Pandemic-prompted work from home policies could cause an exodus from U.S. mega-cities like San Francisco, to which tech workers have flocked over the past decade. Dan digs in with Axios Cities editor Kim Hart.

Go deeper: Coronavirus may cut superstar cities down to size

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Bryan Walsh, author of Future
Aug 29, 2020 - Economy & Business

The many benefits of commute-free remote work

Data: Upwork and U.S. Census Bureau; Chart: Axios Visuals

After years of U.S. commutes growing longer and longer, the pandemic has kept millions of office road warriors at home — and the financial benefits are significant.

Why it matters: Commuting was costing American workers an increasing amount of time, money and life satisfaction. After a glimpse of life without the daily slog, workers may not want to go back to normal, which could have major effects on cities around the country.

Bill Clinton slams McConnell and Trump: "Their first value is power"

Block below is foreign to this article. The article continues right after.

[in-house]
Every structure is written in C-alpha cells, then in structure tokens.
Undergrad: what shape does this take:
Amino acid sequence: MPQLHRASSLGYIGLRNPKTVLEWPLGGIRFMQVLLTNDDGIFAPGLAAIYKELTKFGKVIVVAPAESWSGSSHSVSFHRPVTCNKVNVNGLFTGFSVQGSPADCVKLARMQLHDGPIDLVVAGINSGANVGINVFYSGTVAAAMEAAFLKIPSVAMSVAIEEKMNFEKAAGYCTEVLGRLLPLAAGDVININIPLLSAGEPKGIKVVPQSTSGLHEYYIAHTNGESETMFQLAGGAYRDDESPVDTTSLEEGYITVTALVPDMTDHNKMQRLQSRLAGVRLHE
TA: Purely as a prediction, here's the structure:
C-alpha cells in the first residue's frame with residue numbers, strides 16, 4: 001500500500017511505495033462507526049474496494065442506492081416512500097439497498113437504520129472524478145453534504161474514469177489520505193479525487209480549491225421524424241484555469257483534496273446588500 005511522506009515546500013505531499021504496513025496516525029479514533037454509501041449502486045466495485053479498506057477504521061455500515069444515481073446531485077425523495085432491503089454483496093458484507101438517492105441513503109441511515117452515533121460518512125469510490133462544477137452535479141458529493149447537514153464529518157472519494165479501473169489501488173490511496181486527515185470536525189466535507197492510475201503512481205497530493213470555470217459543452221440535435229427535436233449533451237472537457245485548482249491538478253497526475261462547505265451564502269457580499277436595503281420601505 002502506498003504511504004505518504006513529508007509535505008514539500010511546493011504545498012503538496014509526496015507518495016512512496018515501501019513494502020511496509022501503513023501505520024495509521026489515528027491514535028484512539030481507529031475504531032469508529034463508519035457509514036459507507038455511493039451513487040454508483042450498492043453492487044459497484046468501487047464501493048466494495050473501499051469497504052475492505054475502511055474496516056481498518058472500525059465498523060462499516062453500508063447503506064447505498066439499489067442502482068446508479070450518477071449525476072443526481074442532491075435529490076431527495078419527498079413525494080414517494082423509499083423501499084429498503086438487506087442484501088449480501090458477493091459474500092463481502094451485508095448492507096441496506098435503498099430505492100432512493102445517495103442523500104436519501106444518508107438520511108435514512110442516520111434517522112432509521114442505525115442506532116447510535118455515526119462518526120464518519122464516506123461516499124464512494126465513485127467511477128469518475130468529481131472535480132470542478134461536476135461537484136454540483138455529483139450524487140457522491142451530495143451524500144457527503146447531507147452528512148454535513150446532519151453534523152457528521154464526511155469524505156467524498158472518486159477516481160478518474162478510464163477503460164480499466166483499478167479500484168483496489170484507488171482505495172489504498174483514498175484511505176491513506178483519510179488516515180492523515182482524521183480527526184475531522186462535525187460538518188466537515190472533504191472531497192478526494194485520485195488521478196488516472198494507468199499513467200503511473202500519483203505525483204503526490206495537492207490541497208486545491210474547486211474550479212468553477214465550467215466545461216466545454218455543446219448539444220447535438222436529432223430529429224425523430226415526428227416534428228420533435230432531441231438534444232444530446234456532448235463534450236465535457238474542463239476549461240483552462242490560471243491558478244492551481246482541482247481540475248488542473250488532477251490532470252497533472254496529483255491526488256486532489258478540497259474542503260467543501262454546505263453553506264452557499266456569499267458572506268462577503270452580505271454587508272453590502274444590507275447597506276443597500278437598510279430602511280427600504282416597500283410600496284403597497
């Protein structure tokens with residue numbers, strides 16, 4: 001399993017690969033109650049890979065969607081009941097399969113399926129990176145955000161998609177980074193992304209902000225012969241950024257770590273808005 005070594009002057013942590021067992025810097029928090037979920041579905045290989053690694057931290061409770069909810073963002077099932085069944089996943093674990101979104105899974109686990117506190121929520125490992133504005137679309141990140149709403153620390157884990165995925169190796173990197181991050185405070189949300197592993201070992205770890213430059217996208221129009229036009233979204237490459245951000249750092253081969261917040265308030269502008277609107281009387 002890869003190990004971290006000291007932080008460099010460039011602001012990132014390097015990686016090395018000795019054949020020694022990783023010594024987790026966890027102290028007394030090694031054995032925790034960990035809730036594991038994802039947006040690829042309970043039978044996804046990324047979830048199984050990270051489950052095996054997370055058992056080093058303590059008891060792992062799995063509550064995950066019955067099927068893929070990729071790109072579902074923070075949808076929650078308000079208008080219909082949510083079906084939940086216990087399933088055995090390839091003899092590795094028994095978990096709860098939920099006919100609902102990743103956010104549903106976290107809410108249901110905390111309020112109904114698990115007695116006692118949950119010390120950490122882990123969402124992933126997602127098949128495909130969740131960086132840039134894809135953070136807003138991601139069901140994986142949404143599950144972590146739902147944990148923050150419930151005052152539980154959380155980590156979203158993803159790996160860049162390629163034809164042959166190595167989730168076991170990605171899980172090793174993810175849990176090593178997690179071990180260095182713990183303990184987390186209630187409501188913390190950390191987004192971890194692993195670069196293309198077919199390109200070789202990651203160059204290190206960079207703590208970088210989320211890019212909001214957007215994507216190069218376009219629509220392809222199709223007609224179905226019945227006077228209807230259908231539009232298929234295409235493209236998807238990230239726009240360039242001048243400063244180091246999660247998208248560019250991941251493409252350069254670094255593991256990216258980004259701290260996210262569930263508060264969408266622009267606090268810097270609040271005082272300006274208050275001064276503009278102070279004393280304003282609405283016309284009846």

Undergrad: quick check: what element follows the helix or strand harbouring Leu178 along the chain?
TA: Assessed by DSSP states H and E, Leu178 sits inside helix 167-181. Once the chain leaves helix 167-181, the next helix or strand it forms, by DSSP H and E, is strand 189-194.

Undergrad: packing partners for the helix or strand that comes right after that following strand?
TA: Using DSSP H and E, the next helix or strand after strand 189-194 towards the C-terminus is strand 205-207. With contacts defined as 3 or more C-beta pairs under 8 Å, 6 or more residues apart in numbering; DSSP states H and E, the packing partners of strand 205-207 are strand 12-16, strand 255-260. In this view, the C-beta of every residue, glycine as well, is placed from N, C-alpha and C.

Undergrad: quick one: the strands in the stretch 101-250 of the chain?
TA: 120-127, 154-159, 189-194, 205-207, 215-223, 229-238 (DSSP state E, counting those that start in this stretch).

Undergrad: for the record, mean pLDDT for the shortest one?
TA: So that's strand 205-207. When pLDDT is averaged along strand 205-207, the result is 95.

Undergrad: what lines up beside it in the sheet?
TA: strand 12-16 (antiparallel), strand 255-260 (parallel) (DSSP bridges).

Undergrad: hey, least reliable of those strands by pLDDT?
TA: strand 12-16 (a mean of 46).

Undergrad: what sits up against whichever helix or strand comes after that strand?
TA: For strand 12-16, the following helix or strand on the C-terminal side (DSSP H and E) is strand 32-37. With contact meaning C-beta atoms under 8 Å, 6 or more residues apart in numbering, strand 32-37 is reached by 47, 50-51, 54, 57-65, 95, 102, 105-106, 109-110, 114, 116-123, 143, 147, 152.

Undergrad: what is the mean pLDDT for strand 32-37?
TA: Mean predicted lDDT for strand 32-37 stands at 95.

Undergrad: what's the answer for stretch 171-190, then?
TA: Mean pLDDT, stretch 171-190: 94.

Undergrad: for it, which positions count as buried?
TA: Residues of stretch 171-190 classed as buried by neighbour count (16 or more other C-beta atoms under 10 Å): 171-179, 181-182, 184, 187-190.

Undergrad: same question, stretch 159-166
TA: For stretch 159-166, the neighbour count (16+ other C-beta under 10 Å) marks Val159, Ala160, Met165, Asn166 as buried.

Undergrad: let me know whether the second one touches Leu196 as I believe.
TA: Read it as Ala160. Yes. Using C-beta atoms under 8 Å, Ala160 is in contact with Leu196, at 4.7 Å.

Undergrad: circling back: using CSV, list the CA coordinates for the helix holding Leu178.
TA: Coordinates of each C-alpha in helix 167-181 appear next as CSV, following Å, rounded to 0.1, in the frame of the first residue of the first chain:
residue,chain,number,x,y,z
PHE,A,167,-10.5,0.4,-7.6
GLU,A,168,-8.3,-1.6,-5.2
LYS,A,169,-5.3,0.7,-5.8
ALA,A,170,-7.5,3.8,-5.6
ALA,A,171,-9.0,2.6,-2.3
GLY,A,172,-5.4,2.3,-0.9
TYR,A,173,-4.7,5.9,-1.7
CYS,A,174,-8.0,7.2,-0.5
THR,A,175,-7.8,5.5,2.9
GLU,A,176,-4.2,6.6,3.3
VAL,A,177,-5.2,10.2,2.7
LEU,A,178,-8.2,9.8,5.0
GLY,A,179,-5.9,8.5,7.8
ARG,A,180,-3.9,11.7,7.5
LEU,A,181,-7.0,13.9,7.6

Former President Bill Clinton on Sunday called Senate Majority Leader Mitch McConnell's (R-Ky.) vow to fill Ruth Bader Ginsburg's vacant Supreme Court seat before the next presidential inauguration "superficially hypocritical."

The big picture: Clinton, who nominated Ginsburg to the court in 1993, declined to say whether he thinks Democrats should respond by adding more justices if they take back the Senate and the White House in November. Instead, he called on Republicans to "remember the example Abraham Lincoln set" by not confirming a justice in an election year.

Pelosi: Trump wants to "crush" ACA with Ginsburg replacement

House Speaker Nancy Pelosi said on ABC's "This Week" on Sunday that President Trump is rushing to replace the late Supreme Court Justice Ruth Bader Ginsburg because he "wants to crush the Affordable Care Act."

Why it matters: Pelosi wants to steer the conversation around the potential Ginsburg replacement to health care, which polls show is a top issue for voters, especially amid the coronavirus pandemic. The Trump administration has urged the courts to strike down the law, and with it, protections for millions with pre-existing conditions.